BOO! A MADEA HALLOWEEN
Having already tackled Christmas, our most famous African-American female (after First Lady Michelle Obama) has tackled the spooky holiday of Halloween. As we await Madea's Hanukkah Hijinks, we get Boo! A Madea Halloween. Truth be told, I'm a bit conflicted when it comes to this latest Tyler Perry production. I did laugh, which I think was the point of a lot of this. The laughs, however, didn't come strictly because it was actually funny. It was more because it was so flat-out idiotic that it caused me to laugh. A part of me thought that Perry was spoofing horror films (and the current fixation with crazed clowns).
Another part of me was wondering whether he was trading in on old stereotypes and treating his characters as downright fools to where all that was missing was Stepin Fetchit to pop out and do a little dance.
Brian (Perry), a weak-as-toast and overprotective father, does not want his daughter Tiffany (Diamond White) to walk past the Upsilon Theta Fraternity House (better known by their Greek initials, YO). Tiffany does not care what her weak-willed father wants, since she can walk all over him and does so with impunity. Only her best friend, Preacher's Kid Aday (Liza Koshy) has any sense of doubt as to Tiffany's latest plan.
While walking down the YO house with two other tart-friends, Rain and Leah, the frat guys all invited them to their kick-ass Halloween party, the dimwitted guys unaware that they are all seventeen (and thus, underage). Encouraged to wear something sexy for their costumes, Tiffany wants desperately to go, with Aday more reluctant. Of course, there is the issue of getting past Brian.
Enter Madea (Perry again), who is with I assume her sister Bam (Cassie Davis). Bam, who is delighted to have her 'prescription' for medicinal marijuana, is sitting outside her house passing out candy, much to Madea's displeasure. Bam is actually doing a bait-and-switch on the tykes: appearing to put in candy but really reaching into the bags to grab some of THEIR candy. One of the trick-or-treaters gets wise to this, which unleashes a barrage of insults by Madea (who knows perfectly well what's going on). Brian calls Madea up to watch Tiffany and Aday for the night (Brian discovering Tiffany's schemes).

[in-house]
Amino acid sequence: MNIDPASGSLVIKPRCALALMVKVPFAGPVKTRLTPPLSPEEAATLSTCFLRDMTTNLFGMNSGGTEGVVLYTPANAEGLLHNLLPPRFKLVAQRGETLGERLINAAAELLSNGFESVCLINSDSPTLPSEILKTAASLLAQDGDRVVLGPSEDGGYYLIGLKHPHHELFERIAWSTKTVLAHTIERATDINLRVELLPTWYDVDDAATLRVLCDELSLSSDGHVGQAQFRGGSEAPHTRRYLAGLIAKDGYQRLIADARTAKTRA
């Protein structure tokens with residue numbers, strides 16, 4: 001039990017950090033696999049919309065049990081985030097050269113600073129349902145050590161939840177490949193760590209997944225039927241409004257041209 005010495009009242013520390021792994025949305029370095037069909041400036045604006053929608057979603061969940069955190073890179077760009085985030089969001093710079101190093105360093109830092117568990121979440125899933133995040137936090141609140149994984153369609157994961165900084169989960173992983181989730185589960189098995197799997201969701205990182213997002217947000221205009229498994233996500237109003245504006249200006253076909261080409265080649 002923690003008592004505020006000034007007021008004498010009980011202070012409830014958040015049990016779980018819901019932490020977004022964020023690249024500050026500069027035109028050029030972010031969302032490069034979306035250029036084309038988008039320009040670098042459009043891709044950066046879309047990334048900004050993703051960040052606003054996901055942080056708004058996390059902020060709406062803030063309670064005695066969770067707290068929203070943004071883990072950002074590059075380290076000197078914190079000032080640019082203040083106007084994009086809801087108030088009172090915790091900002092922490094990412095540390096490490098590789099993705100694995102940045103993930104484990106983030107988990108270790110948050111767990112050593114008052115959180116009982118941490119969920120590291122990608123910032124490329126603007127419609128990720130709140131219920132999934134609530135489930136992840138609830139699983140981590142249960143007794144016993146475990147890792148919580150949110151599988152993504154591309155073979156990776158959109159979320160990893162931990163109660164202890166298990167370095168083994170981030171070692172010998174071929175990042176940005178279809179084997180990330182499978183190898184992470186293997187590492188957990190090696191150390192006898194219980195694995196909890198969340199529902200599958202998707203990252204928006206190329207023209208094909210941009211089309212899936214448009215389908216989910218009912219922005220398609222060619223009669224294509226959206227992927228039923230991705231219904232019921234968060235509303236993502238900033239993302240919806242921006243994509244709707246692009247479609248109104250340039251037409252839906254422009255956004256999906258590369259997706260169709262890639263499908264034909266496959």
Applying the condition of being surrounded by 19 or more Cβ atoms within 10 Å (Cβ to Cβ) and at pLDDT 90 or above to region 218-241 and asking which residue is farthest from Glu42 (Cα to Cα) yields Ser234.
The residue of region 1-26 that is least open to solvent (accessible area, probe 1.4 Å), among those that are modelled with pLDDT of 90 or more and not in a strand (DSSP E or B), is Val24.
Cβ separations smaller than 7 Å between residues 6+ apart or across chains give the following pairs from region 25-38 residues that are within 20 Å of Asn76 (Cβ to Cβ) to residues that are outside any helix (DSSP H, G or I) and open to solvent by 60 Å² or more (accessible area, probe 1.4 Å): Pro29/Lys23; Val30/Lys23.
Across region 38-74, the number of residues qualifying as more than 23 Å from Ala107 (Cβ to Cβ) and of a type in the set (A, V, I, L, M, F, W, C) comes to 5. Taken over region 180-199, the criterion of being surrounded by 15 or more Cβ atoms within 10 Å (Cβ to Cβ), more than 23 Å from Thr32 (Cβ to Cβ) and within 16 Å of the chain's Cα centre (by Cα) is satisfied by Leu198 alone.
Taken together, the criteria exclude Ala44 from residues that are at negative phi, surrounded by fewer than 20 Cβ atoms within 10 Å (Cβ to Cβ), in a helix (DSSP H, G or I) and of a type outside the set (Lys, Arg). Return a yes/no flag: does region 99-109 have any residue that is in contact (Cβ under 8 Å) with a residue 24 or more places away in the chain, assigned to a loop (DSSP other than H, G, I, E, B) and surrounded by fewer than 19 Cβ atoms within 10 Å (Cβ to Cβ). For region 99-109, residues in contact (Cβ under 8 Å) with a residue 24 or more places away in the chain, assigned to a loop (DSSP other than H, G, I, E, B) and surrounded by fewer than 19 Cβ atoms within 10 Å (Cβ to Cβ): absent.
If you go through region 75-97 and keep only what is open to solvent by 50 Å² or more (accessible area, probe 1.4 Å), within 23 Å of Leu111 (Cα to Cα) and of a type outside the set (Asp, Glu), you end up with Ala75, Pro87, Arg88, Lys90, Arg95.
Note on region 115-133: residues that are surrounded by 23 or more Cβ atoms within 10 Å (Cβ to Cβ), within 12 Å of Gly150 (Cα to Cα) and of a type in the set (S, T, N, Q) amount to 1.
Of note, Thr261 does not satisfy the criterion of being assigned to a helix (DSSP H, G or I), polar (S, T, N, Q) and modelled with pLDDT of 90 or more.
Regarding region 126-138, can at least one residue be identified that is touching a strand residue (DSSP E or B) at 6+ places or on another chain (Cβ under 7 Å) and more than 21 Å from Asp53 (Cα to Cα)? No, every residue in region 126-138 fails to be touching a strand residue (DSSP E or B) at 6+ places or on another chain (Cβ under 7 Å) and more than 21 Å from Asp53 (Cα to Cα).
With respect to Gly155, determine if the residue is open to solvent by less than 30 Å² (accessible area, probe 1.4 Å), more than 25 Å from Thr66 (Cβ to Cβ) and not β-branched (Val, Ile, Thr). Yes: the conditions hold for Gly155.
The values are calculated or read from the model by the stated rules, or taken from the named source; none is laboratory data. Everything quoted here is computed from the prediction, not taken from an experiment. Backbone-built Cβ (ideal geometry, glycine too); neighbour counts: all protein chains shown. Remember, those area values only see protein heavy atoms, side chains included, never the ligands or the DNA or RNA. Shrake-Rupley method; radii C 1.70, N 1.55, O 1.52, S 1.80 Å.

Madea goes only after promises of money, and Bam, along with Madea's brother/Brian's father Joe (Perry once again) and their friend Hattie (Cassie Davis) tagging along. Tiffany gets wise to her father's scheme and tries to scare the old people by telling them that a "Mr. Wilson" committed murders in the house on Halloween and comes back to haunt the place...except the bedrooms. While they don't bite, they aren't as attentive as they should be and Tiffany & Aday sneak off.
Madea is many things, but a fool ain't one of them. She quickly realizes they snuck off and goes to the frat house to get them back. The dimwitted frat guys at first think Madea and her friends (Joe opting to stay home and smoke some weed) are in costume, but soon realize that these old people are for real. The three women appear to start actually mixing into the remarkably dull Halloween party (even with Tyga in a cameo as himself) until Madea, irritated by their refusal to help, literally pulls the plug. The frat guys promptly throw her out, which enrages Madea. Taking the other women with her, she decides to call the po-po to tell them that underage girls are at the party.